My children both have their preferences, as do most children, when it comes to food.
I have just ordered our shopping online, for the first time in forever, as normally they struggle if my attention is taken away for any length of time.
They helped me select the items and chose some ‘new foods’ to try. It’s basically the same old things…nuggets, fish, pizza, pasta and chips…all presented in different ways. I’m not sure if they will actually eat some of the things they have chosen but I felt it was worth a try! My eldest spent most of the time obsessing about cleaning his teeth as I forgot to do it with him this morning…so I won’t do that again. I can’t let him do it if I am not present, as he likes playing with, and eating, the toothpaste. I digress…
Texture is a HUGE problem. As well as appearance and smell. Everything has to be familiar. For my youngest, everything has to be dry!
I read a very fascinating article recently (if I can find it, I’ll add a link to this post) suggesting that parents ensure children are in the presence of a strong smelling food item they like when trying something new.
Smells can absolutely trigger my eldest in both negative and positive ways, so I am going to give this a try. I mean, it affects most people, let alone people with SPD.
We went to a local coffee shop recently and sat near the toilets as it was the only place large enough to house our monster pram. We still need it as my eldest gets very overloaded and tired, often needing to rest. Anyway, the toilets seemed to be very busy that day, and every time the door was opened, the strong smell of cleaning products overwhelmed us. I did not enjoy my latte and carrot cake as I just couldn’t taste it due to how distracting the smell was. A family member said it didn’t affect them, but the majority of us around the table struggled with the experience.
Reading and learning about ASD and SPD has made me realise that I myself am a sensory being, and some of the things my eldest does, I did as a child. Just not quite so extremely! I’ve also realised that as I am female, my social awareness was probably ‘better’. I picked up on the comments and funny faces people made, and knew to hide the behaviour better in future.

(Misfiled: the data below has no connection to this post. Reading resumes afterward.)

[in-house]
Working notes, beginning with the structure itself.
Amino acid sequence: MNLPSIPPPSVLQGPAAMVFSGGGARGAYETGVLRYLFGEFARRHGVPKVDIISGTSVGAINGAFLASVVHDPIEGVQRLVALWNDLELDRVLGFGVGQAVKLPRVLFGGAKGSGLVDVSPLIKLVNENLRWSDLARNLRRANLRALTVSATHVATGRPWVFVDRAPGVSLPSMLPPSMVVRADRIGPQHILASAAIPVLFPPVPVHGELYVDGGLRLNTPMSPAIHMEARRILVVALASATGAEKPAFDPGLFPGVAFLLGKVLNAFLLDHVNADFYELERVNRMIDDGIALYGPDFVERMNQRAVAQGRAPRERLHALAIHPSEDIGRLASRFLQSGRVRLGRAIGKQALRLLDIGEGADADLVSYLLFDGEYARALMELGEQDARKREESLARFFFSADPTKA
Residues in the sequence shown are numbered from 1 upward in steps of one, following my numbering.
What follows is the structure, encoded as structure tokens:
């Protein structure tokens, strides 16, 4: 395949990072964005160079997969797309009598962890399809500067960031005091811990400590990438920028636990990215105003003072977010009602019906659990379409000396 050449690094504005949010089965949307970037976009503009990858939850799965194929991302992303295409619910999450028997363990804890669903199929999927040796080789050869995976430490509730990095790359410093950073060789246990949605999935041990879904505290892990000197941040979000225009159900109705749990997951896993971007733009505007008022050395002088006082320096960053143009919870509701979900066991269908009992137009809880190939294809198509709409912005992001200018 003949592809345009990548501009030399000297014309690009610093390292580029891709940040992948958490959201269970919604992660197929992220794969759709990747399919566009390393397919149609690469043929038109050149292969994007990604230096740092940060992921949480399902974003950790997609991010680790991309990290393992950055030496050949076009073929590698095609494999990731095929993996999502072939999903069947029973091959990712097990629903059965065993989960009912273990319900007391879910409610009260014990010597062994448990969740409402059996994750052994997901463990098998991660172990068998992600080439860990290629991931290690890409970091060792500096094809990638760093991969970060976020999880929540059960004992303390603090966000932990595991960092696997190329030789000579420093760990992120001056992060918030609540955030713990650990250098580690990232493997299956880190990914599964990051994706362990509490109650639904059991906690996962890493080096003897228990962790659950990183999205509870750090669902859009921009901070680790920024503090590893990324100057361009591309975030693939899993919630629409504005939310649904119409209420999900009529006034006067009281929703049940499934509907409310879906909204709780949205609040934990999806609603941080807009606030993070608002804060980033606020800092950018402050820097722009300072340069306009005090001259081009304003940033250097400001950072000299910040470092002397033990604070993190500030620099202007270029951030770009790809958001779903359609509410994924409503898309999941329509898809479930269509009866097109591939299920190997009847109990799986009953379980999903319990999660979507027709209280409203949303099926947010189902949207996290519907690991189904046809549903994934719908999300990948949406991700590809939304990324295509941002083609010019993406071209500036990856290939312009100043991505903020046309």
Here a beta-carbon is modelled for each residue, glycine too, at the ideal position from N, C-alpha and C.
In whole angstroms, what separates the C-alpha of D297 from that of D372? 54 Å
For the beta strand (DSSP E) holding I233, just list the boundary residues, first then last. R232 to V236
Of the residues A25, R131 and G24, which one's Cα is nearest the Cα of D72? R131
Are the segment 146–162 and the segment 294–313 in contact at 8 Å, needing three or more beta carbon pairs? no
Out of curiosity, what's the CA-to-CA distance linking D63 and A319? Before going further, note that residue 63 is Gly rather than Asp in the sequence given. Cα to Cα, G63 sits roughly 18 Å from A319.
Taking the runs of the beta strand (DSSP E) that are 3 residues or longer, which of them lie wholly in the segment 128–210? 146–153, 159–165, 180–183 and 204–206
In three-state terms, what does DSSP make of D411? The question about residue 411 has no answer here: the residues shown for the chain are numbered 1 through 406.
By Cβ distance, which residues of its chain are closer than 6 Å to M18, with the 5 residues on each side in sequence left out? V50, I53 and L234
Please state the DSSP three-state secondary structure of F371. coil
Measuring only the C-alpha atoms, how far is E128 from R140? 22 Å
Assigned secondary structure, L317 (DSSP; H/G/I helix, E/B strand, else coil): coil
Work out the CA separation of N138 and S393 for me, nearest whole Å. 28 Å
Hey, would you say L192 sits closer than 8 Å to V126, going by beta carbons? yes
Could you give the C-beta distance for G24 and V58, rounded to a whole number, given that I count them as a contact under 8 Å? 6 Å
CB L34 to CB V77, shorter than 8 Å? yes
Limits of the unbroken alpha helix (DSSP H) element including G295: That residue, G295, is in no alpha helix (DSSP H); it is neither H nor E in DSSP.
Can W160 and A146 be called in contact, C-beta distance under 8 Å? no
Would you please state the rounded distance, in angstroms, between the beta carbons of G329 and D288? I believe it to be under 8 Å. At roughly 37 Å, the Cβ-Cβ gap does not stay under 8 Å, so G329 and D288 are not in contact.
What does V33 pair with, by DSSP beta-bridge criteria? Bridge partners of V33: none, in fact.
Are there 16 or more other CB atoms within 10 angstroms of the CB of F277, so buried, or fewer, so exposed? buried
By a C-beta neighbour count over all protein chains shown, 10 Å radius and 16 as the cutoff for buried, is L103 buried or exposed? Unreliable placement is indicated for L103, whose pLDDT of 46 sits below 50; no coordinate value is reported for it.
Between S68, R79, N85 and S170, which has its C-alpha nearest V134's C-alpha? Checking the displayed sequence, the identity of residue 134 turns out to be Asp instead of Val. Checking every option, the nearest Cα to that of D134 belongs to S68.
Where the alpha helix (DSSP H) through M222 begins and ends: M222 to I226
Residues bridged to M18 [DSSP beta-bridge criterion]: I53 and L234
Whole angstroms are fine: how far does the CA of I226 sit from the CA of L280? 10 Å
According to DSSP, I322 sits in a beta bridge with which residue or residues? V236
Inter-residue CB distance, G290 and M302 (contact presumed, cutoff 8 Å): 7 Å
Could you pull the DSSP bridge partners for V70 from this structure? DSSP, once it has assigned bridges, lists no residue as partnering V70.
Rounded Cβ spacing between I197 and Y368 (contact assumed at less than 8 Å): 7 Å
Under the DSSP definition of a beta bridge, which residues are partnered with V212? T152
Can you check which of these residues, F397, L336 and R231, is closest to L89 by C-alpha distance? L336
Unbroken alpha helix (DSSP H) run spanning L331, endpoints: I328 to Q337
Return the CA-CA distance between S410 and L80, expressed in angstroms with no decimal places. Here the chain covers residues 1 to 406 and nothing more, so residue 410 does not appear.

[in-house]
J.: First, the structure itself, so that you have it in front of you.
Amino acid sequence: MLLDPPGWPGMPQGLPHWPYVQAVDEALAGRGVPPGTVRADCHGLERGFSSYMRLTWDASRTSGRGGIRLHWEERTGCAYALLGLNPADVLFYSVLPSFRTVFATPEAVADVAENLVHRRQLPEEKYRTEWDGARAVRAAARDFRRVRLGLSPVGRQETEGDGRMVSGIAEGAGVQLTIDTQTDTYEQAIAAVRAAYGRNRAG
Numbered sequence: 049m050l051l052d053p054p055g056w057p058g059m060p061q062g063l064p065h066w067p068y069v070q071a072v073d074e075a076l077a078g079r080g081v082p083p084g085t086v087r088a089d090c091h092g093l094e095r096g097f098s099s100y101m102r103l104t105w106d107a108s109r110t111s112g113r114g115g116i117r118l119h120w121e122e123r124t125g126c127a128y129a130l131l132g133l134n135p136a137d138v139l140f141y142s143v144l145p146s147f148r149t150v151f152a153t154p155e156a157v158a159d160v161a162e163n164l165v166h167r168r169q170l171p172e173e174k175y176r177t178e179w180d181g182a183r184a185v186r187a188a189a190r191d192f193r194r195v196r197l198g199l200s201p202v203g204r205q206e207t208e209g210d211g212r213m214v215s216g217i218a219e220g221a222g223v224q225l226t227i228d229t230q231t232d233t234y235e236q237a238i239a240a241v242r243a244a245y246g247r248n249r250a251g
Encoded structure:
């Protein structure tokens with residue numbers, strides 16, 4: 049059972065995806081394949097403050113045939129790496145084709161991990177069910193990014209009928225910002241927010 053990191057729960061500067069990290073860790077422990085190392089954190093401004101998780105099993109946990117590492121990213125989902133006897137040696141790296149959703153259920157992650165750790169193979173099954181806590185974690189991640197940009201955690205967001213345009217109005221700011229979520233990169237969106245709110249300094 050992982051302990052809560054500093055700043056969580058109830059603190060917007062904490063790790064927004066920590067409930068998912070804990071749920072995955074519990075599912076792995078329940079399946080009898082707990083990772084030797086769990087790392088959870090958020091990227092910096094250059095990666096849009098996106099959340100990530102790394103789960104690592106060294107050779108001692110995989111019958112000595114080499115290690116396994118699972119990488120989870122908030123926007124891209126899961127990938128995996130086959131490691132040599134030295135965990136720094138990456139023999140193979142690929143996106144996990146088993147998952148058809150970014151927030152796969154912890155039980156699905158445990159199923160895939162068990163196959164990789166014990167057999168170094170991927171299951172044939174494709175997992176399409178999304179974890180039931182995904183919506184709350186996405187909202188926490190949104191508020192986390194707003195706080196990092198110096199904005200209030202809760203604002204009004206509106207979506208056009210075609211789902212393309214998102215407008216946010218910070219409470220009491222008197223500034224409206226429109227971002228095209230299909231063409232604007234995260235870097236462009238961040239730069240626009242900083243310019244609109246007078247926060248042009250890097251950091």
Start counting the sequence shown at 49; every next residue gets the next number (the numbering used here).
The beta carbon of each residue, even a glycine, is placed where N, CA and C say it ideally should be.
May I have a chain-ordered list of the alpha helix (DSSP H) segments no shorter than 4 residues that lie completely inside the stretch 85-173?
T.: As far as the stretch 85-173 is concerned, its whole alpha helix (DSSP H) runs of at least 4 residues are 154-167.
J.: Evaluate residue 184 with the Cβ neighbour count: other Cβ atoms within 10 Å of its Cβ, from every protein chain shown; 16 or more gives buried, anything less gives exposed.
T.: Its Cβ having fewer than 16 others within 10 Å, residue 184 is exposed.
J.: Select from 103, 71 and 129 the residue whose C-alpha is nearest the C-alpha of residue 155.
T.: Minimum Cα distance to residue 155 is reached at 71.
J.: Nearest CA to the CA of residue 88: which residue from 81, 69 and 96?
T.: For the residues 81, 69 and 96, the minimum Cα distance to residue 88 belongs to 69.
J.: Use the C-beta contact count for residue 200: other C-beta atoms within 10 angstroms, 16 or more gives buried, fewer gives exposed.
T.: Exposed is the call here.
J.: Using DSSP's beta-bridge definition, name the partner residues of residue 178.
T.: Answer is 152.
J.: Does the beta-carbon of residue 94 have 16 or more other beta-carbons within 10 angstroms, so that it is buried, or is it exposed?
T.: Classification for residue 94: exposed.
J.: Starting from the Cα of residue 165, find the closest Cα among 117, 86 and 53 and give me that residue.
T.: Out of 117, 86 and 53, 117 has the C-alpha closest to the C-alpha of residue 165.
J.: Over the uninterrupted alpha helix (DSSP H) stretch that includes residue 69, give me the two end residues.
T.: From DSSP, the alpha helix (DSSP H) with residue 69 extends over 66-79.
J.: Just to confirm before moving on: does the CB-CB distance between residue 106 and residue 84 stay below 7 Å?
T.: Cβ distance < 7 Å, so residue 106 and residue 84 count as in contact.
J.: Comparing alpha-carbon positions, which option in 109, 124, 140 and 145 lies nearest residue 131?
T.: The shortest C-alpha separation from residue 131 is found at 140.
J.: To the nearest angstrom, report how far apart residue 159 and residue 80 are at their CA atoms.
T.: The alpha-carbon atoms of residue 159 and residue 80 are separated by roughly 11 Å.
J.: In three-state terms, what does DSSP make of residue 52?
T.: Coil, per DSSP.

My son is usually pretty oblivious and absolutely not in control of his impulses, so he does not hide any behaviours. The good thing about identifying this about him, and myself, is that when people question why he does certain things…I already understand innately! The research I have done has helped me understand him, and myself, so much more, but more often than not, I can answer from experience without needing to consult a textbook!
As a small child (I believe I was 3 or 4) I had to be ‘gassed’ and have all of my teeth removed as they crumbled due to what I imagine was malnutrition. My mum said it was one of the most traumatic experiences, as I struggled against the mask and had to be held down. I hated textures with a passion and would store food in my mouth, tricking my mum into thinking I was eating. When I could store the food no more, it would explode all over the place. My poor mother!
Nothing they tried worked. I just would not eat. As an older child/teenager…I literally lived off of carrots, boiled potatoes and sauce. Very occasionally I would have pizza, but if the texture was wrong, I couldn’t eat it. As I got older, I was a huge vegetable fan and ventured into sandwiches and chips. I remember trying to share family meals such as bolognese, but I would spend most of the meal picking everything out of the sauce as I just could not stand the feeling of ‘bits’ in my mouth.
Thank goodness I had such an understanding mother, as most people called me fussy and said my mum was pandering to me. My mum did absolutely the right thing, as forcing me to eat would have probably traumatised me and caused some kind of eating disorder. My parents never gave up trying to get me to eat new things, but they were very patient and listened to me. My mum was always of the belief that you would never force an adult to eat something they dislike, so why should children be treated any differently? Children also have tastebuds that change a lot!
Although my children are very sensitive to textures, we have worked really hard on familiarising them with different food items. We have used all sorts of approaches such as food play, which was suggested by a nurse and health visitor. I was reluctant to do this as I am very hot on manners and was worried that the children would feel it was appropriate to play with food at the table.
Generally, they understand when it is and is not appropriate to play with food, but we have the odd slip up, particularly when my eldest is experiencing a ‘seeking’ day!
I am so happy they are not as bad as I was. As much as you would never believe it now, I spent much of my childhood and early teens underweight. I really do not want this for them.
The main fear for me is that they are not getting a lot of variety in their diet. I have been told not to worry as they are still so small, but I’m their mum so it’s kind of my job! My husband and I have done extensive research on diet, and feel a little uneasy about the amount of refined carbohydrates and hidden sugars they seem to consume. It is really tricky to address and balance this when there are limited food items they will eat.
On that note, I must go as my eldest is not coping with the amount of time I have taken out. He is craving some attention. He is desperate to clean his teeth again…it is not going to go down well when I tell him he has to wait until bed time!